Swift Components Tour – NSDates

In this lesson

Back in the Swift Components Tour app, we are talking about how to work with dates. Your choices are NSDates, NSDateFormatters, and NSCalendars (or data, presentation, and interaction). Today, it’s NSDates (or data)!

Kyle Roberts
Swift Guru at Large

Kyle's Series

Transcript

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00:10

Hello world! Kyle here with Brax.tv. And we are in the Swift Components Tour on the SteppersViewController. And we are going to talk about dates. Now, when you’re talking about dates, I would say that there are three important fields or – it’s not classes because there’s more than three classes – but I guess we can say classes because there are three important classes. And a few maybe other little tidbits.

00:39

When you’re working with dates in code, most likely the first step or the basis of all this is going to be an NSDate object. In viewDidLoad of the SteppersViewController I actually have examples of all three of these different parts of dates in Swift that I’m going to talk about. And the first one is NSDate. We aren’t using NSDate very much in viewDidLoad right here, in these two little blocks of code. But I am just using NSDate twice to reference the exact date and time of now. So you can actually see the date that I am recording this video.

01:22

In Swift when you a new date like this, it’s going to create an NSDate object with a reference to the exact moment that that object was created. And you can customize it by passing in some different parameters to maybe get a different date in the future or the past. When you just initialize an NSDate like this, then the time and date that it is pointing to is the moment that it was created.

01:51

Real quick, the other two parts of dates in Swift that we’re not going to talk about today, but that will be covered in the next two videos are date formatters, NSDateFormatter, right here, and NSCalendar. And you can see that we also have an NSDateComponents object here that we’re using but I would lump that into the same section or even video as NSCalendar. And we’ll see why when we get there. But we’re talking about just NSDates here.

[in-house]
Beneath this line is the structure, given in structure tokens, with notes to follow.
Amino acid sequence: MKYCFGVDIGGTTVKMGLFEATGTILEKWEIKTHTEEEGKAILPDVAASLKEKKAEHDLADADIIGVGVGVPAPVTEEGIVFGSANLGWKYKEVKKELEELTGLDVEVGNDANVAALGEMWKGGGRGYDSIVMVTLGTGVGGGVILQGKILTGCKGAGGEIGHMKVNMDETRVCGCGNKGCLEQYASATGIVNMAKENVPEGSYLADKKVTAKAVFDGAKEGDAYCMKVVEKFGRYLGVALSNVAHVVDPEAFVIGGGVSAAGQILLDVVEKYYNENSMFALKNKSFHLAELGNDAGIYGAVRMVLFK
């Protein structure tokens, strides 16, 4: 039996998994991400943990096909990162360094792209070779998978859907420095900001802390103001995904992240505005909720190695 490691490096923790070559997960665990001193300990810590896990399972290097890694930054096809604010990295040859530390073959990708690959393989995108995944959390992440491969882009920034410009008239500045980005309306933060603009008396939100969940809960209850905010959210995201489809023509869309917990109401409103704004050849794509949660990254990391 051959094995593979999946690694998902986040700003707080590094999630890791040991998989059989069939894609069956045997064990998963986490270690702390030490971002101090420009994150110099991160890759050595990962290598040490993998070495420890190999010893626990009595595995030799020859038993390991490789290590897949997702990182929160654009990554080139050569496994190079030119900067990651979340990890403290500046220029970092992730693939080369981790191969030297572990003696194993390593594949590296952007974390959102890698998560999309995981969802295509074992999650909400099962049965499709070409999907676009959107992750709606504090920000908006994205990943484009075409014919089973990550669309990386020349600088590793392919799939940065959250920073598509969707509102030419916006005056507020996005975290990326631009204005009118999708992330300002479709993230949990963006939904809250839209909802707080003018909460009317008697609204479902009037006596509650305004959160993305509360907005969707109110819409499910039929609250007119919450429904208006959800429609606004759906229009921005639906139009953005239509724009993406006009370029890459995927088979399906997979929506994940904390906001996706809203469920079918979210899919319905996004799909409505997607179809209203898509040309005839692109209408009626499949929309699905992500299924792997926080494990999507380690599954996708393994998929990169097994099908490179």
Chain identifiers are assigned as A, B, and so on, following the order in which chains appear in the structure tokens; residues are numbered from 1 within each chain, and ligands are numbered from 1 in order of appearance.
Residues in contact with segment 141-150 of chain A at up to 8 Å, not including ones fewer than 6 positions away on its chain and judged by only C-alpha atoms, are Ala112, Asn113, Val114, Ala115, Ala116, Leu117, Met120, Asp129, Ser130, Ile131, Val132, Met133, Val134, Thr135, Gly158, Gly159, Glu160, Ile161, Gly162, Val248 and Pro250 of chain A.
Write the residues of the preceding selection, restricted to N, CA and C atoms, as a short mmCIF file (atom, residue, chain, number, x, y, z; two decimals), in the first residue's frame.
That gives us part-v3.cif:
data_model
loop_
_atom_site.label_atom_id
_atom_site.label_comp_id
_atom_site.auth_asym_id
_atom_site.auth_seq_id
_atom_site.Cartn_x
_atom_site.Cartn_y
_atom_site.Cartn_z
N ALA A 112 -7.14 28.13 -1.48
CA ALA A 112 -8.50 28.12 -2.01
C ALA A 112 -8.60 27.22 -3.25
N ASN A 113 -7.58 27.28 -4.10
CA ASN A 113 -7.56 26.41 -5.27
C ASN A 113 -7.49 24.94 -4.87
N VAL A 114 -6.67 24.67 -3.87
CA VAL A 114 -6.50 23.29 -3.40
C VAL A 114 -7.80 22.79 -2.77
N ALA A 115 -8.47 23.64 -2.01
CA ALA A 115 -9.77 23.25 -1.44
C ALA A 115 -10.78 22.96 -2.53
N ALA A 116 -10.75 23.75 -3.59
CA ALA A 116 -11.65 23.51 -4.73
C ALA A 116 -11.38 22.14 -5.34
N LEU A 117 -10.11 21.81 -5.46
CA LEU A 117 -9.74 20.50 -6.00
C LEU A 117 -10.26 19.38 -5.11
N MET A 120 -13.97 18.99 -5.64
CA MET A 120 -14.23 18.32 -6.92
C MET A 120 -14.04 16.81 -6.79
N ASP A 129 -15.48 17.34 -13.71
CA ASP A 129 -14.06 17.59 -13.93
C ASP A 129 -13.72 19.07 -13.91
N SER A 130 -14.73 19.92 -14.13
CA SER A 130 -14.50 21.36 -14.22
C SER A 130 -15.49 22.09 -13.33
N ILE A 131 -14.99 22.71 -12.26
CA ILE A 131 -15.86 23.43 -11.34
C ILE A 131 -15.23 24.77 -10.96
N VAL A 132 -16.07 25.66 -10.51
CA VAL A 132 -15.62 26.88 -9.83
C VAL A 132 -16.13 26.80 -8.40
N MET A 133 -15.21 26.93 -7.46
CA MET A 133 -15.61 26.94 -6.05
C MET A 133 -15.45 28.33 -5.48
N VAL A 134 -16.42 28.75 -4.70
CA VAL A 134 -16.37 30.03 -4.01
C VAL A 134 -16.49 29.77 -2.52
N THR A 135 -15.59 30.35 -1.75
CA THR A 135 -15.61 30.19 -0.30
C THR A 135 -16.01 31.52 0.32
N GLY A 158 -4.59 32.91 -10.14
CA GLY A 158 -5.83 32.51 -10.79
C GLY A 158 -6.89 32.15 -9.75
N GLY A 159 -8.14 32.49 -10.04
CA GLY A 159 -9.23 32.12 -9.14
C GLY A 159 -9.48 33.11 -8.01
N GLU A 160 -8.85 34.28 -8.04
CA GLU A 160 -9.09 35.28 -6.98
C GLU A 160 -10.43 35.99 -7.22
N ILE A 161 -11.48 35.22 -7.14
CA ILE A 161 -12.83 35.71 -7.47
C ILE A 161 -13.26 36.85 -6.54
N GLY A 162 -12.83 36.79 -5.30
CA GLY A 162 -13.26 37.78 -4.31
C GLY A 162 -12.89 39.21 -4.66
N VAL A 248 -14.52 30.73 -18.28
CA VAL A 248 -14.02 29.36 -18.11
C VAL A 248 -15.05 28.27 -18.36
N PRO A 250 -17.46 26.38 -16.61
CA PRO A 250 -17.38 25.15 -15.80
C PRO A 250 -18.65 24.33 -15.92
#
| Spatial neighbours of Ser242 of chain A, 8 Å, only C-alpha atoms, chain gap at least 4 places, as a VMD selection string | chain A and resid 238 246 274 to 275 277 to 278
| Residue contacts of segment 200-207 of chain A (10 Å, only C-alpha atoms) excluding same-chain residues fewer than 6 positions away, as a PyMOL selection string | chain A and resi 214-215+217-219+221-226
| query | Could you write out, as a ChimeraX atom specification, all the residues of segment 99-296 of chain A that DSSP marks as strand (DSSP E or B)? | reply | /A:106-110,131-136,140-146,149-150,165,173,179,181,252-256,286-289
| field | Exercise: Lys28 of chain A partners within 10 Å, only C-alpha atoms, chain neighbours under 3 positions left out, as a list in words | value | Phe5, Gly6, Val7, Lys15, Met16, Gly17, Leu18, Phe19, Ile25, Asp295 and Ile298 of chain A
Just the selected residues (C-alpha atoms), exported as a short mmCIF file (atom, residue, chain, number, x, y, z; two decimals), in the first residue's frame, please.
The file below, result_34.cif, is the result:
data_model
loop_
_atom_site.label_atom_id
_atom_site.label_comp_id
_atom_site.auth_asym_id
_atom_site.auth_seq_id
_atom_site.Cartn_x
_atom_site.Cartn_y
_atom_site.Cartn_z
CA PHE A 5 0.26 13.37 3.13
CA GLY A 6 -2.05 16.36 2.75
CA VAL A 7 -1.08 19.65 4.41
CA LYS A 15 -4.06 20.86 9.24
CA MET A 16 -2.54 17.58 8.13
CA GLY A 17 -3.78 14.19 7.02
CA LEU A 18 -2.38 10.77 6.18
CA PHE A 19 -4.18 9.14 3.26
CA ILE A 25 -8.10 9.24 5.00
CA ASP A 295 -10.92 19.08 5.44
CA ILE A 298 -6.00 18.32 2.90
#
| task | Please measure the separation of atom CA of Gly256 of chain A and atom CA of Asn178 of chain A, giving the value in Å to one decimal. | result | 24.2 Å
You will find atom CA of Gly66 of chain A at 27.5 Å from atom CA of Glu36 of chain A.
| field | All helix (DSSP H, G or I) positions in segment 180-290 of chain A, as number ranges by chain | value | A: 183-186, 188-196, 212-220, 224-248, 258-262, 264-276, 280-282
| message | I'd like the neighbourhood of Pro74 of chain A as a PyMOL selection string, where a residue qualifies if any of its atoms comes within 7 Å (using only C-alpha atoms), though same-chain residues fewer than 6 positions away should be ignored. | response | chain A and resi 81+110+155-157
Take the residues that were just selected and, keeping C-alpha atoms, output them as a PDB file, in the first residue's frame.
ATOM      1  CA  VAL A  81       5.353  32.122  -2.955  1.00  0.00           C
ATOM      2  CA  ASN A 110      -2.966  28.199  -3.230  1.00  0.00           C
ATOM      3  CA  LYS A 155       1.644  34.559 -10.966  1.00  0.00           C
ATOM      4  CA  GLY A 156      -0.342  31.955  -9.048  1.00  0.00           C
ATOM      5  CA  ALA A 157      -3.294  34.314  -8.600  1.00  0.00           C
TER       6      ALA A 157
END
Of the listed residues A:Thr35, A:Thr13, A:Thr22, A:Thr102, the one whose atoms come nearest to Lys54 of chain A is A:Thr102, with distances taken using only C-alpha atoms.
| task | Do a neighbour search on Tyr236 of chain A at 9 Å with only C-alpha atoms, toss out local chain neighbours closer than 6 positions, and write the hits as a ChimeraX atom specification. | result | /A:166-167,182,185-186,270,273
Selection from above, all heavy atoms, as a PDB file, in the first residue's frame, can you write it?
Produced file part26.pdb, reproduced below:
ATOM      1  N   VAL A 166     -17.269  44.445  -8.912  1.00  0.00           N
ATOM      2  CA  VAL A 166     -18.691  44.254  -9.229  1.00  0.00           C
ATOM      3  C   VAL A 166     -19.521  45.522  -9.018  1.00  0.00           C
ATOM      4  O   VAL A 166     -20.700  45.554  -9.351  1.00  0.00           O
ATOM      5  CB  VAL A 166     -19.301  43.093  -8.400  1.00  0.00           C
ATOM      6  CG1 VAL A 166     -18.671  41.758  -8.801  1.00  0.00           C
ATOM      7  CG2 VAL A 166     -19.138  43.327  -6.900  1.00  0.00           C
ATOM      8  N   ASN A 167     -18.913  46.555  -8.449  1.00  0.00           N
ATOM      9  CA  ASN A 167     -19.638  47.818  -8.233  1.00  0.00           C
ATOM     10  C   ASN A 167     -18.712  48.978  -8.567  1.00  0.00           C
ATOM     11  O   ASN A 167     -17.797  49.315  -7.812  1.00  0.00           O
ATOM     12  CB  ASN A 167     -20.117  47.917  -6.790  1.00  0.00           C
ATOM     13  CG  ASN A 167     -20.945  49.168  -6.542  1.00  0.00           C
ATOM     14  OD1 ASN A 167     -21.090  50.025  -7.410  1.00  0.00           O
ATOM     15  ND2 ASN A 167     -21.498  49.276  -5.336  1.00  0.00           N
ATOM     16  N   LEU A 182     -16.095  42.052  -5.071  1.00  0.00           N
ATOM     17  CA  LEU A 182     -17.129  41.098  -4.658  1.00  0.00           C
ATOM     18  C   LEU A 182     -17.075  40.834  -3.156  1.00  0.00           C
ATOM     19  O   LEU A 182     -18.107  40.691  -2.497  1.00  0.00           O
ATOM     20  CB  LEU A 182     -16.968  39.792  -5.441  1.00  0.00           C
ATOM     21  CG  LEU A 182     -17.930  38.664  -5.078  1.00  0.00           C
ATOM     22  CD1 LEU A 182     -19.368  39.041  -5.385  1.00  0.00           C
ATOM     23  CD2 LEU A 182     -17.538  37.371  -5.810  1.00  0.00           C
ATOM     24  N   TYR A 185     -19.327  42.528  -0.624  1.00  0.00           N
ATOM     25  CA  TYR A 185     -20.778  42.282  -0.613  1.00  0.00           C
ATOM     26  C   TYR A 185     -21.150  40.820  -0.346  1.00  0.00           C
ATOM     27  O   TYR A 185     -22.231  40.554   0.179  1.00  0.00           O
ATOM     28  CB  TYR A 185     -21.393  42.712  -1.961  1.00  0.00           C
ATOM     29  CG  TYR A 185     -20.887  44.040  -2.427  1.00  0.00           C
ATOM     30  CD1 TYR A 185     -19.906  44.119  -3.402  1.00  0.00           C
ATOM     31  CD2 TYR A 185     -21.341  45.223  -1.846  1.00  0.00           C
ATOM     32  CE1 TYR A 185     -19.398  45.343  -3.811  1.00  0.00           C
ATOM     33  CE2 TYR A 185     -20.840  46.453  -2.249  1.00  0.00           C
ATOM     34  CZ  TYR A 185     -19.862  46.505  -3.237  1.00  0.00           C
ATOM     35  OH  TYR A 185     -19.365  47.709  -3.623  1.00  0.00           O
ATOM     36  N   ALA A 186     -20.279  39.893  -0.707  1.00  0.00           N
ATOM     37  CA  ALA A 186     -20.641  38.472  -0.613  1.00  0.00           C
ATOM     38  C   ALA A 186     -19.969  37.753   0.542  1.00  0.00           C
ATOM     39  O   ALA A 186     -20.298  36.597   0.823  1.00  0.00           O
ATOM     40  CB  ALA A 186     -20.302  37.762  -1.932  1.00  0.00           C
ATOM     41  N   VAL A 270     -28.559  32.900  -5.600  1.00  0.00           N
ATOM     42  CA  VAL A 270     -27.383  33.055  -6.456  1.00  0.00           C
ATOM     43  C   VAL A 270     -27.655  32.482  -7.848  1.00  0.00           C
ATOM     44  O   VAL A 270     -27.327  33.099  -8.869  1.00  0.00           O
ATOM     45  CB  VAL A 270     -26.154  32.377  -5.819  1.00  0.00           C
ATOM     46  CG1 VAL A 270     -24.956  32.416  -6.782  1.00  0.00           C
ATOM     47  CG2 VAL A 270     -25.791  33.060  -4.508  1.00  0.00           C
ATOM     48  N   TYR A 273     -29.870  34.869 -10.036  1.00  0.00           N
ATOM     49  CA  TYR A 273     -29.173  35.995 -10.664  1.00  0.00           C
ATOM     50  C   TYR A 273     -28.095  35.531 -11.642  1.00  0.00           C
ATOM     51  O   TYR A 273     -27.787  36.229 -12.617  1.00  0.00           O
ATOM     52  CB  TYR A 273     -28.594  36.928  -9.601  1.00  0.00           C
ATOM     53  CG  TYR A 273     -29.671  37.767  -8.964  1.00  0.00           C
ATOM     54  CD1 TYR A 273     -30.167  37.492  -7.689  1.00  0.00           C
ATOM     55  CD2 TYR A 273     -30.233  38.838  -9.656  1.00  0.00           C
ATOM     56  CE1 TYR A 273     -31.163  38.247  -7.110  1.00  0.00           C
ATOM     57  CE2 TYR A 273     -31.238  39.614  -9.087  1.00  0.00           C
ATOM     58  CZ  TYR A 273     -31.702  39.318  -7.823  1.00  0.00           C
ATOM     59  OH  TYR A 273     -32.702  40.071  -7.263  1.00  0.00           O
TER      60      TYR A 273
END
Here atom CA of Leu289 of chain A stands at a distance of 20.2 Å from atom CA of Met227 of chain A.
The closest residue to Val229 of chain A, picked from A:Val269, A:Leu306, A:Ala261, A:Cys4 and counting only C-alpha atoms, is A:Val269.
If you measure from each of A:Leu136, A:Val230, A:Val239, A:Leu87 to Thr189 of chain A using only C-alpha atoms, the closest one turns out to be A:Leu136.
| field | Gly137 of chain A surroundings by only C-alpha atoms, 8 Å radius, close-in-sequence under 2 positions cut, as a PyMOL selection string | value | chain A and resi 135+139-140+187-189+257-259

02:29

So when you create an NSDate, it’s not a very pretty or usable object. And that is because the way that the NSDate stores its time is through an absolute time interval reference to exactly midnight on January 1, 2001, in UTC time. So that means that no matter where you are in the world, an NSDate is going to look like a giant number.

03:01

OK we’re back and I’ve actually created a playground that I called DatesPlayground. I don’t know if I will commit this to the repository but it’s a great place for us to work right now. This didn’t actually show what I wanted too, and there’s obviously some additional calculating going on here. But when you create that NSDate it’s just going to be a big long number that most of the time when you see that big long number it’s going to be formatted into a different way. And we can see here that we can see that it has been formatted to show us the month with a shortened abbreviation of the month, then the day, the year, and the time, 8:17 in the morning.

03:50

I’m going to see if I can actually get a nasty year formatted here, and I actually just got it with date.description. And the description is a property that is I think on NSObject, so pretty much any object that you have in Swift is going to have this description object, or description property. What happens is when we would NSLog a date, and we can actually do that here – if I can type correctly – we NSLog this date, we need another parentheses. It should print the exact same thing right here. We can see how this is formatted is not even the value that an NSDate stores by itself but that it is still formatted so that it is readable but not quite formatted so that it is beautiful. We can see here again that it is 2015, October 2, but the time says 13:20:06 and it is not 1:20pm. It is 8:20am. But this plus 0000 at the end is actually what is referencing the time zone that I am in right now. And I am not in this time zone. So I guess at 8:20am in my time zone it is actually 1:20 in UTC.

05:17

If we used a date formatter or something to account for my time zone right now, then we would be able to format this so that it would say 8:20:06 and even without the a.m. and having the correct plus whatever that would be, I guess that would be a minus five hundred or minus five thousand. I’m not sure. But that’s not important.

05:43

The point I’m trying to make with this playground is an NSDate by itself is not really the most useful thing. It’s just to store the data for a moment in time. Often you would need to edit that date or view that date from the UI, you would need to spend some additional work on that. Because when your user is using your app, and they see a date they are not going to want to see it in this format. They are going to want to see something like this or even something simpler. Maybe something longer with more data. You can see that this does not have the seconds, it does not spell out the full word October, and it doesn’t have a time zone. But the point that I’m trying to make is that an NSDate is great just to store a value and to maybe compare to another value later on. But by itself in concerning the UI that I have opened here, it’s not going to be the most useful and you’re going to have to know how to use some other classes to actually get it work for you. Thanks for watching!

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